Five-party coalition talks, led by the Pirate Party and involving the Left-Greens, the Social Democrats, the Reform Party and Bright Future, broke down today. Pirate Party captain Birgitta Jónsdóttir will return the mandate to form a coalition to the president.
Vísir reports that the announcement of dissolution of informal coalition talks arose shortly after both the Pirates and the Social Democrats publicly declared a willingness to move forward into more formal 5-party coalition talks.
The Pirates received the mandate just over a week ago. At the time, Birgitta expressed optimism that trying to “form a coalition from the centre”, instead of pulling all parties to the left, would be more fruitful towards finding a common platform.
As reported, the past month has been fairly stormy when it comes to forming Iceland’s next government.
The President had originally given the mandate to form a coalition to the Independence Party. Coalition talks between the Independence Party, the Reform Party and Bright Future broke down last month, as they could not reach an agreement on a common platform; most notably, regarding the management of fisheries and the question of a public referendum on accession to the European Union.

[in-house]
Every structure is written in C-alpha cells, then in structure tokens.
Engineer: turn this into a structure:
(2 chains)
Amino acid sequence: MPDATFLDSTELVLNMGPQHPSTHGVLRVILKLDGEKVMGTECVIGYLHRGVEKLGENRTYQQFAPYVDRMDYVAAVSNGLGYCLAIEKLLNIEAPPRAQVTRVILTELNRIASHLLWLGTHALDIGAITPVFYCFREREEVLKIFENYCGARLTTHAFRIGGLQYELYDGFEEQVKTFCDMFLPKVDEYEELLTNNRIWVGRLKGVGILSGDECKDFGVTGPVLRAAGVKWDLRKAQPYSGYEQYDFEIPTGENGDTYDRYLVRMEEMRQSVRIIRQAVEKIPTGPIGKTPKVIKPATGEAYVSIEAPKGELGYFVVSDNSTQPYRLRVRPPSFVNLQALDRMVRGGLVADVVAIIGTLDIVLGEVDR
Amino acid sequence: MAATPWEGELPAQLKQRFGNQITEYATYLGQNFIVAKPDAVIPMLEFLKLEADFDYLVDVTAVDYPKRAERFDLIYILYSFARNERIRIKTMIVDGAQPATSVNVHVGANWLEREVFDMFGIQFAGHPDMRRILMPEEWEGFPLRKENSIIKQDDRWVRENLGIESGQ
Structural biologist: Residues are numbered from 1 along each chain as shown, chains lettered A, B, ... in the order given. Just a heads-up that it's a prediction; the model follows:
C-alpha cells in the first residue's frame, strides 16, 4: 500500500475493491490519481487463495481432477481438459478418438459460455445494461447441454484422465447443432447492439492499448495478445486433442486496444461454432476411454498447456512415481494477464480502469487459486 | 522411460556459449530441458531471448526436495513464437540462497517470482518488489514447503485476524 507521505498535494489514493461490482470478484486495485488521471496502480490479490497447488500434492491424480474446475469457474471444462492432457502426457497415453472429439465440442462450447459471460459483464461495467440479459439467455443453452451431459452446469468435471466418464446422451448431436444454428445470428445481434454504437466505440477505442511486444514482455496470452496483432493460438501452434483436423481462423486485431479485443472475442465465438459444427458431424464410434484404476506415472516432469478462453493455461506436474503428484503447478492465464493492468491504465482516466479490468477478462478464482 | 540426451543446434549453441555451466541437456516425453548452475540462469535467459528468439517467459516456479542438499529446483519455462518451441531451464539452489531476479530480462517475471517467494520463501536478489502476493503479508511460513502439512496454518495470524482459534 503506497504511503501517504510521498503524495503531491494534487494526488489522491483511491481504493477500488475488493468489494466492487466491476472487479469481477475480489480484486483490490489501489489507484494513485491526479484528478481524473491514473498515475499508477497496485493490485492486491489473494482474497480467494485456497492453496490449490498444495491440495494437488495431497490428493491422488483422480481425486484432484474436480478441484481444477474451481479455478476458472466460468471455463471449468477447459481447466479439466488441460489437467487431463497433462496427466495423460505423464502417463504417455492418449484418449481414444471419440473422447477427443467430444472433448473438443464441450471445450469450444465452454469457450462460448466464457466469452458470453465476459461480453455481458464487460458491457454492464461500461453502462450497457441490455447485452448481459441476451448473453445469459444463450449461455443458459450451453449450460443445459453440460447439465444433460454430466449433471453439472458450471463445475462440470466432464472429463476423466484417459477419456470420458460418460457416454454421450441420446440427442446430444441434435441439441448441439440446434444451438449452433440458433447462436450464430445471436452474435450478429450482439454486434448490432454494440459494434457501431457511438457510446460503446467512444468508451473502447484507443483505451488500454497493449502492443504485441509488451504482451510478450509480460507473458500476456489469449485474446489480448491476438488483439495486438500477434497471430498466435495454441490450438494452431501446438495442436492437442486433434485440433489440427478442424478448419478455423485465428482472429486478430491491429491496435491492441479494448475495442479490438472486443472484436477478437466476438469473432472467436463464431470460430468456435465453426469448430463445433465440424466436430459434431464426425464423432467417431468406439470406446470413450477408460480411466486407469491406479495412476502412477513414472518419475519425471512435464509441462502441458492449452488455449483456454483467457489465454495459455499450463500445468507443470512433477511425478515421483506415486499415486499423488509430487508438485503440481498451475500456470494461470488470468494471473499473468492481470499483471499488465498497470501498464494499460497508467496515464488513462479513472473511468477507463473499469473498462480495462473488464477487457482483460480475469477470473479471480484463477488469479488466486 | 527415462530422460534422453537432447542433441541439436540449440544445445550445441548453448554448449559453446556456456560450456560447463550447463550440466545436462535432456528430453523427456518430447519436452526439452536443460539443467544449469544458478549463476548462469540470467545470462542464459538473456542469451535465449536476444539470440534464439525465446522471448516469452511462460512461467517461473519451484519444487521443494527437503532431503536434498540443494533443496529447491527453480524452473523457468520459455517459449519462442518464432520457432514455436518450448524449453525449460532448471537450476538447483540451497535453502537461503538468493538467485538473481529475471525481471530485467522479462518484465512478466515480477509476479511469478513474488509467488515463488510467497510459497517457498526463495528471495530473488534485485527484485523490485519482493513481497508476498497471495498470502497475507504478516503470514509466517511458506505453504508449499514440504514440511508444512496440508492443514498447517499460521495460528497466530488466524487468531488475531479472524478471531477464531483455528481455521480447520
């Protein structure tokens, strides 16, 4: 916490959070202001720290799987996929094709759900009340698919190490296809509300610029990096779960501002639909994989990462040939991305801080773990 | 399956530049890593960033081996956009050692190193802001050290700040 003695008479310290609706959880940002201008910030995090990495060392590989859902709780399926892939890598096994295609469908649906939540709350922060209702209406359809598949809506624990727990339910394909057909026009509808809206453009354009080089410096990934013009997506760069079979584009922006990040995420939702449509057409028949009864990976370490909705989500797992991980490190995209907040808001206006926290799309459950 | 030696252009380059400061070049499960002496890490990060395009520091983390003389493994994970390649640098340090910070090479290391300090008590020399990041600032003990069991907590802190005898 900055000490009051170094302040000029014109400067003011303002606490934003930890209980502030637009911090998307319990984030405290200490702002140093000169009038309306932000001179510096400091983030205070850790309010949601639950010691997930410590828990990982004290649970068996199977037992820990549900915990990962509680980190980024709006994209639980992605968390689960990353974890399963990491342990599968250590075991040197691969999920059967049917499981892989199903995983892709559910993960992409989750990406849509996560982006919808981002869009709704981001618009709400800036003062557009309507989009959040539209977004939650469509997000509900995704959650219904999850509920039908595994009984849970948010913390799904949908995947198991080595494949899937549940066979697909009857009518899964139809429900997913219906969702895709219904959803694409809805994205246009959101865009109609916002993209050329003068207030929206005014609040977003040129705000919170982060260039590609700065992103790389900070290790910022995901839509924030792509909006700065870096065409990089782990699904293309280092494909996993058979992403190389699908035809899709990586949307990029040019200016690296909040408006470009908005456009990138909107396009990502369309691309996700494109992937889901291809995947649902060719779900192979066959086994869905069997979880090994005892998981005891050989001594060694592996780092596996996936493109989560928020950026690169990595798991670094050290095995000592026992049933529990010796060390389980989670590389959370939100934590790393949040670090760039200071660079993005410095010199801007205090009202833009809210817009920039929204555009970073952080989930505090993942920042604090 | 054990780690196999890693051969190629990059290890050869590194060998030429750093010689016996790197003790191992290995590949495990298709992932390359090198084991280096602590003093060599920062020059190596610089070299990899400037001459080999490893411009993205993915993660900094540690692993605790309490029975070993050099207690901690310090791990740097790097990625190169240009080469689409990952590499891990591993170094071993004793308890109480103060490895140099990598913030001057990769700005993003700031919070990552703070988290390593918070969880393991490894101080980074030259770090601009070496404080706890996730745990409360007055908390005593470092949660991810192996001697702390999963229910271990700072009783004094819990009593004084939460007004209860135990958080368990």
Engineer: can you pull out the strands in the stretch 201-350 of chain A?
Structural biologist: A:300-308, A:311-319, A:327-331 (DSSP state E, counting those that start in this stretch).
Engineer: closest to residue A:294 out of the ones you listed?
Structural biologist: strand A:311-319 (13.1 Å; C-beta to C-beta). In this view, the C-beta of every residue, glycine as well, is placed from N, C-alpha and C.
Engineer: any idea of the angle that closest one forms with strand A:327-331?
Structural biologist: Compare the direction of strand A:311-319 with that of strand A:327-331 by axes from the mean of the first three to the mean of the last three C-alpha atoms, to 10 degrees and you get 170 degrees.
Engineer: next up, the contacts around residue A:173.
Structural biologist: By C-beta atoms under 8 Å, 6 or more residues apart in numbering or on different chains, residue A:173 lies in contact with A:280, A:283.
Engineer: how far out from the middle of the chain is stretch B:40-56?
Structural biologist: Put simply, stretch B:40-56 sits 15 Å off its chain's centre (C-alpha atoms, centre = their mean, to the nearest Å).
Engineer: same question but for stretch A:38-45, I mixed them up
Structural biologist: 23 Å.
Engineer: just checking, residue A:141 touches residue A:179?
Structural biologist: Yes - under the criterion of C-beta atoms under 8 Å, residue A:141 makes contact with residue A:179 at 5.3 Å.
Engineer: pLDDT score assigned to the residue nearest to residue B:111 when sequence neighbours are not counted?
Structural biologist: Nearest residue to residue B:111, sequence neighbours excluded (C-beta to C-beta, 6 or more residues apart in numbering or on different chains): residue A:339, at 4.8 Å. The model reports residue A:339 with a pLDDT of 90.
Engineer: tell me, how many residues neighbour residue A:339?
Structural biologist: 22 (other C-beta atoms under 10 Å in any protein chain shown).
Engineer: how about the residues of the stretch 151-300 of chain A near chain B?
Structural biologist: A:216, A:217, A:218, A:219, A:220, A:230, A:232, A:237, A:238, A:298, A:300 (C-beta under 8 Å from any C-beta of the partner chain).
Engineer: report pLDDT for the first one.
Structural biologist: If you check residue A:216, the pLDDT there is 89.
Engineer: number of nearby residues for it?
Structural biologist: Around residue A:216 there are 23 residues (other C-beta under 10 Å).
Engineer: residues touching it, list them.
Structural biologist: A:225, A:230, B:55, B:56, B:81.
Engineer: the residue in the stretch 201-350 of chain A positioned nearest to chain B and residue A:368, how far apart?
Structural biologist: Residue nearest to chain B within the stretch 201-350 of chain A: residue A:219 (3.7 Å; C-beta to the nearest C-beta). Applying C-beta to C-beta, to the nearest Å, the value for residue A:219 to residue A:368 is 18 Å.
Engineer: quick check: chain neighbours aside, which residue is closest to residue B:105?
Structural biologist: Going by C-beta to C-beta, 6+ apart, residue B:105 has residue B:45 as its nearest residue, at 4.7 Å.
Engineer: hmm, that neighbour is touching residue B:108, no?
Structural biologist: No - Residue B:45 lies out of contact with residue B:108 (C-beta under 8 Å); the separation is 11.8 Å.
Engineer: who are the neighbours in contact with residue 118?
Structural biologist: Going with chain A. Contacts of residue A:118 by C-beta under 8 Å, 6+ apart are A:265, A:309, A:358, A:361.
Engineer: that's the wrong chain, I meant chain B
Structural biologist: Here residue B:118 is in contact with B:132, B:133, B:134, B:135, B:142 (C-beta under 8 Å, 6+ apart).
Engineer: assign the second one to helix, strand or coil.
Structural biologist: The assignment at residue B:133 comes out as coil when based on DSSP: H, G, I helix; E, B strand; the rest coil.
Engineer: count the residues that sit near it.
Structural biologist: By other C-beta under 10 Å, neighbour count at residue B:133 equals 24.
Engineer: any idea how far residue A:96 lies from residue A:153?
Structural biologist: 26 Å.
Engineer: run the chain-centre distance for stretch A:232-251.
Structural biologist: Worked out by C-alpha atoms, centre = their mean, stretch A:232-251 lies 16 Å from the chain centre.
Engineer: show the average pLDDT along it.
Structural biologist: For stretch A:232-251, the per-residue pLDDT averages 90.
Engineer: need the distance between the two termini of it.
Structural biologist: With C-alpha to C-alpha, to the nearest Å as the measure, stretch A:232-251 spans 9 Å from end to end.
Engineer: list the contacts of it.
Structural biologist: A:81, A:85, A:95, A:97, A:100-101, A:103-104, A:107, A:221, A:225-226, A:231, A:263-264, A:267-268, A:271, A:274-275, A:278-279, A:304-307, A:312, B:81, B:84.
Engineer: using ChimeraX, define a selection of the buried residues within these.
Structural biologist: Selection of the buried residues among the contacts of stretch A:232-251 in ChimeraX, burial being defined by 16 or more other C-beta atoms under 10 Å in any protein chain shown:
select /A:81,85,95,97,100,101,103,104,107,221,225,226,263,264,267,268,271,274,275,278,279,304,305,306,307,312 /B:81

Shortly thereafter, Katrín attempted to form a new coalition comprised of her party, the Pirate Party, the Social Democrats, the Reform Party and Bright Future. However, those talks broke down, as the Left-Greens and the Reform Party were having difficulties finding common ground on a number of issues, amongst them fishing management and some proposed tax increases on high income earners.
This, in turn, led to the Independence Party and the Left-Greens entering talks. Shortly thereafter, the Pirate Party, the Reform Party, the Social Democrats and Bright Future entered into informal talks of their own.
With this new situation, the future is very uncertain. Parliament may face a crisis the could lead to either a minority government, or the formation of a “national government”, wherein there is no ruling coalition nor opposition, but rather, all parties share power equally. New elections next year are also a distinct possibility, either in conjunction with a minority government or national government, or on its own.